Reviewed by Mr. Dark
Written by William Peter Blatty
Published by Forge Books
William Peter Blatty isn't a horror writer. Sure, he just happens to have penned the book that became what many believe to be the most terrifying movie ever made as well as its sequel, Legion. He's also written comedy novels as well as the first Inspector Clouseau movie, A Shot in the Dark.
With Crazy, his latest novel, you might say he's jumbled all of the above up into one big...well...crazy story.
Crazy tells the tale of Joe El Bueno, son of an immigrant single father, who is writing down events from his life. He's writing as an elderly man in Bellevue Hospital in New York. Bellevue is best known for its psychiatric care so you probably have some idea where we're going here.
Joe's memoir is...challenging. You see, when he was a kid, he had a strange relationship with a girl named Jane. Jane was his friend and confidant...and usually around his same age. I say "usually" because Jane seems to change ages, jump around in time, knows the future, can read Joe's mind, and once (if a rather skittish usher is to be believed) levitated above the snack bar at the local theater.
We're never sure of Joe's true mental condition, but the book is a wild ride. Sentences run on, points get lost in ephemera, time keeps shifting in the narrative...there were times when I wasn't sure if Joe or Blatty himself had gone round the bend.
Buried in the confusion are tales from Joe's youth, growing up in New York prior to World War II. There's a great deal of heart and humor in these stories, and every time things become morally questionable for Joe, Jane shows up and (mostly) attempts to guide him down the proper path.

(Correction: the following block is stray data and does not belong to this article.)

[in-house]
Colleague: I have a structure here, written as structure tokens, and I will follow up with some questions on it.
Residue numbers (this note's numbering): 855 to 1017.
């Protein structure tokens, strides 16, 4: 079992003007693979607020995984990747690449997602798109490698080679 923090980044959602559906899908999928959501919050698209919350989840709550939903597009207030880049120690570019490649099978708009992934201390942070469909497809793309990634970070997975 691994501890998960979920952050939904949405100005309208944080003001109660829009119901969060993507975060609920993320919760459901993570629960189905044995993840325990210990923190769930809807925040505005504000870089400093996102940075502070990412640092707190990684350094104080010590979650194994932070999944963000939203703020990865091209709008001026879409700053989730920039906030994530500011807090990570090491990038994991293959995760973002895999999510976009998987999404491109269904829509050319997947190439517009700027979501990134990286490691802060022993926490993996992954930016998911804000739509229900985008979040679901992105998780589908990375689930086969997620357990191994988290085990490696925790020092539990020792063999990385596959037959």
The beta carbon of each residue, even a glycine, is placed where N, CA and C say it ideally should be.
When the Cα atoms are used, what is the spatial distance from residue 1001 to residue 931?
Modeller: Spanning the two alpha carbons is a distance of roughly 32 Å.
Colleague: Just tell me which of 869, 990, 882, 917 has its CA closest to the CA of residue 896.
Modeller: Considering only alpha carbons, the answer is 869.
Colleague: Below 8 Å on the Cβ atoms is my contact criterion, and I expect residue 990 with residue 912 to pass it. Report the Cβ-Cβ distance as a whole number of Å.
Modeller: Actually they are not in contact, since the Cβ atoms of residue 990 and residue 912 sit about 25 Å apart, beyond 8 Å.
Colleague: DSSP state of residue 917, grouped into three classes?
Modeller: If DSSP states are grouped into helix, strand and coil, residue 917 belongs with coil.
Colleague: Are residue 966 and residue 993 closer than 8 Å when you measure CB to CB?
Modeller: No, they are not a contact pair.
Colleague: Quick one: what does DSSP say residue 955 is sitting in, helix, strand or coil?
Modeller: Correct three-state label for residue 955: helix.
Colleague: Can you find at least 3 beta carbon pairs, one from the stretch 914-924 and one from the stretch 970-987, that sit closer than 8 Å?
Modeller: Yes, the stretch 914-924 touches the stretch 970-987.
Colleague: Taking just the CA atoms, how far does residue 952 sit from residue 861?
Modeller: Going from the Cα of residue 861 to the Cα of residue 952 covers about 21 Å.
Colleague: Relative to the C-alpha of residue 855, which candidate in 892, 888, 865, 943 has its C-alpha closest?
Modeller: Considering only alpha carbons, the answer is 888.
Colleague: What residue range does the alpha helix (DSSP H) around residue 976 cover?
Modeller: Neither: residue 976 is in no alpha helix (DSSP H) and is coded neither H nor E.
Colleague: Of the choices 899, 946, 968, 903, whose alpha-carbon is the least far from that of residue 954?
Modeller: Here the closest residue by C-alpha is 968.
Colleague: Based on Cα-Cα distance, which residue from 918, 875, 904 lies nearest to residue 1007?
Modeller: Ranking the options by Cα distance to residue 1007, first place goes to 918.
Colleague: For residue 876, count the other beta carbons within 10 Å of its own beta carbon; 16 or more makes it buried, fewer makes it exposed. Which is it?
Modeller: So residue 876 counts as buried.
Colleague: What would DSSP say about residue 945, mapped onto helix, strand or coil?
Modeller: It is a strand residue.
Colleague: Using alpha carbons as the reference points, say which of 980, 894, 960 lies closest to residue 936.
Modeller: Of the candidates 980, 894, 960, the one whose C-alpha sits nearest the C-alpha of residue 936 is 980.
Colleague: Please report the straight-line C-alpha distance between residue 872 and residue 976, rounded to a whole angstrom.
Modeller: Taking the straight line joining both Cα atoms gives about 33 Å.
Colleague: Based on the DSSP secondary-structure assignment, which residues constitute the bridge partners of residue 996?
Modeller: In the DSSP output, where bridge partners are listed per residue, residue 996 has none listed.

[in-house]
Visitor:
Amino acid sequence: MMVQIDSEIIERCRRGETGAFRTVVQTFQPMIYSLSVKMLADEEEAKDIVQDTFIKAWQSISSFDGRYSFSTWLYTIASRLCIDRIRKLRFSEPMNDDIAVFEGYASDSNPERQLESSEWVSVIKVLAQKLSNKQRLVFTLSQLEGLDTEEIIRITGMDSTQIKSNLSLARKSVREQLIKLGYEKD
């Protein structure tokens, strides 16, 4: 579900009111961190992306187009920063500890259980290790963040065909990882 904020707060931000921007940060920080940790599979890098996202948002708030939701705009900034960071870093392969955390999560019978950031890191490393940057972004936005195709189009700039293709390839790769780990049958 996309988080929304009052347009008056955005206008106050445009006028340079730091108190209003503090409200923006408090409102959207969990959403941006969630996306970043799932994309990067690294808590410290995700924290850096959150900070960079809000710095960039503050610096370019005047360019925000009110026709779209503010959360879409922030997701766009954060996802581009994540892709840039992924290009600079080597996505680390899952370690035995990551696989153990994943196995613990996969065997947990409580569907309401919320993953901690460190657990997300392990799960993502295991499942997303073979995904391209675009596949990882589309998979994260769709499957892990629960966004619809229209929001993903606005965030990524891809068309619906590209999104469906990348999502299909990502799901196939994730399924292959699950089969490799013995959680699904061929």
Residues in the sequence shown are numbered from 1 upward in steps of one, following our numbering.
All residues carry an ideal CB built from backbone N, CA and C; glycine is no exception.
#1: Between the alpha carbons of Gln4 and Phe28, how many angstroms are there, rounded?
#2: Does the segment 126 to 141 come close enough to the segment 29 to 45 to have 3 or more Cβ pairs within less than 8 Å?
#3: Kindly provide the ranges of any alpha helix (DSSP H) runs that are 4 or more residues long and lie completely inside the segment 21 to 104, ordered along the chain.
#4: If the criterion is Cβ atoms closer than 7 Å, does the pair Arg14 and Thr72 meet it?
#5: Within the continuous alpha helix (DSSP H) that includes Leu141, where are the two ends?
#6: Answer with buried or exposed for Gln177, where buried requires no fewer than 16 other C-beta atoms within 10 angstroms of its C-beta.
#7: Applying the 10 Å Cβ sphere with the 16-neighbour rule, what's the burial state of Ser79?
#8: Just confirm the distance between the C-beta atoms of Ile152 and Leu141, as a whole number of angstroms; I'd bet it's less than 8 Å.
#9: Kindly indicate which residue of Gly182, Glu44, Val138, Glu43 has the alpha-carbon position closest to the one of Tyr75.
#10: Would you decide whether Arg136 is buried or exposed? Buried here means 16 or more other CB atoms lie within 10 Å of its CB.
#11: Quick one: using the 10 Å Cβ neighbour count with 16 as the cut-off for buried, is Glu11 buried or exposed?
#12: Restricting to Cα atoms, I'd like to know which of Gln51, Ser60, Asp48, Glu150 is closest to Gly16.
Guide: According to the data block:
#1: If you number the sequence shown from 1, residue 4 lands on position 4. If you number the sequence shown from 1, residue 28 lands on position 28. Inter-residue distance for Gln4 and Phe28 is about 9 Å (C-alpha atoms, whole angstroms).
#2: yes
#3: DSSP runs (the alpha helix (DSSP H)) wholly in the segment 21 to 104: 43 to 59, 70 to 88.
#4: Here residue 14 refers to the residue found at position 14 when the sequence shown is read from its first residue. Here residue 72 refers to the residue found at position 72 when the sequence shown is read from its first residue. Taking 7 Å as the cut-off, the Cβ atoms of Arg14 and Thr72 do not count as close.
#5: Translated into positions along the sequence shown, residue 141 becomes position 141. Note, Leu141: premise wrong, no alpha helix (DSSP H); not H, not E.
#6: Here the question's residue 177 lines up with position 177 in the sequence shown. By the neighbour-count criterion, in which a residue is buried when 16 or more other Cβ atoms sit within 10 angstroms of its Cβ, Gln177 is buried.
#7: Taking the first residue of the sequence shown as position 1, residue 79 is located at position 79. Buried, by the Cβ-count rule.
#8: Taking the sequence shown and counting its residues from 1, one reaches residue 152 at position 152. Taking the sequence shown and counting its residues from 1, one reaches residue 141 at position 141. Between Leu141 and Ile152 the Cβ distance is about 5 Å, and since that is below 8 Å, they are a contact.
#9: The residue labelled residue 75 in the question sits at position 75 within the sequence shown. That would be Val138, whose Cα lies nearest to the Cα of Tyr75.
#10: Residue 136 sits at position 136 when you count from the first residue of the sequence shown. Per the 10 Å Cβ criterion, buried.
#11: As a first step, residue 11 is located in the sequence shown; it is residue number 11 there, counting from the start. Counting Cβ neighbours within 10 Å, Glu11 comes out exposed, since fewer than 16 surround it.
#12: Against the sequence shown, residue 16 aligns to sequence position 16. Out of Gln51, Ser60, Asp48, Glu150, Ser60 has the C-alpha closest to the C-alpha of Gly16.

Until she disappears and nobody except Joe seems to remember she existed.
This is not a horror novel. As I said in the beginning, Blatty isn't a horror writer. The nature of Crazy, however, is inherently frightening. You can't help but feel, for much of the book, that you're getting a look inside a truly disturbed mind. Either Joe is indeed crazy, or he's having run-ins with some supernatural being whose motives are less than clear. This is not a scary book, but it's a scary concept: How does age ravage us? Is Joe's present state a new development, or has he always been this way? Has a once clear and brilliant mind been dragged into confusion by Father Time? We really don't know, and it leaves the reader uneasy yet captivated by Joe's repeated encounters with Jane.
As the very short book (less than 200 pages in all) wraps up, things do become clearer, at least a little, and there is a satisfying resolution. I don't want to call it a twist as no resolution to this story could be conventional. Whether you believe the truth as Joe writes it or if you feel there's some bigger, more grounded ending that Blatty is showing us, it's satisfying. It's also poignant, bittersweet, and...wait, no, it's just sweet. And warm.
Crazy left me with a smile on my face and a tear in my eye. It surprised me a great deal. It's a bumpy ride at times, trying to keep up with the inner workings of Joe's elderly mind, but Blatty is an amazing writer. He knows where he's taking us, and there's no need to be afraid. Well, okay, maybe a little.
4 out of 5
Discuss Crazy in the comments section below!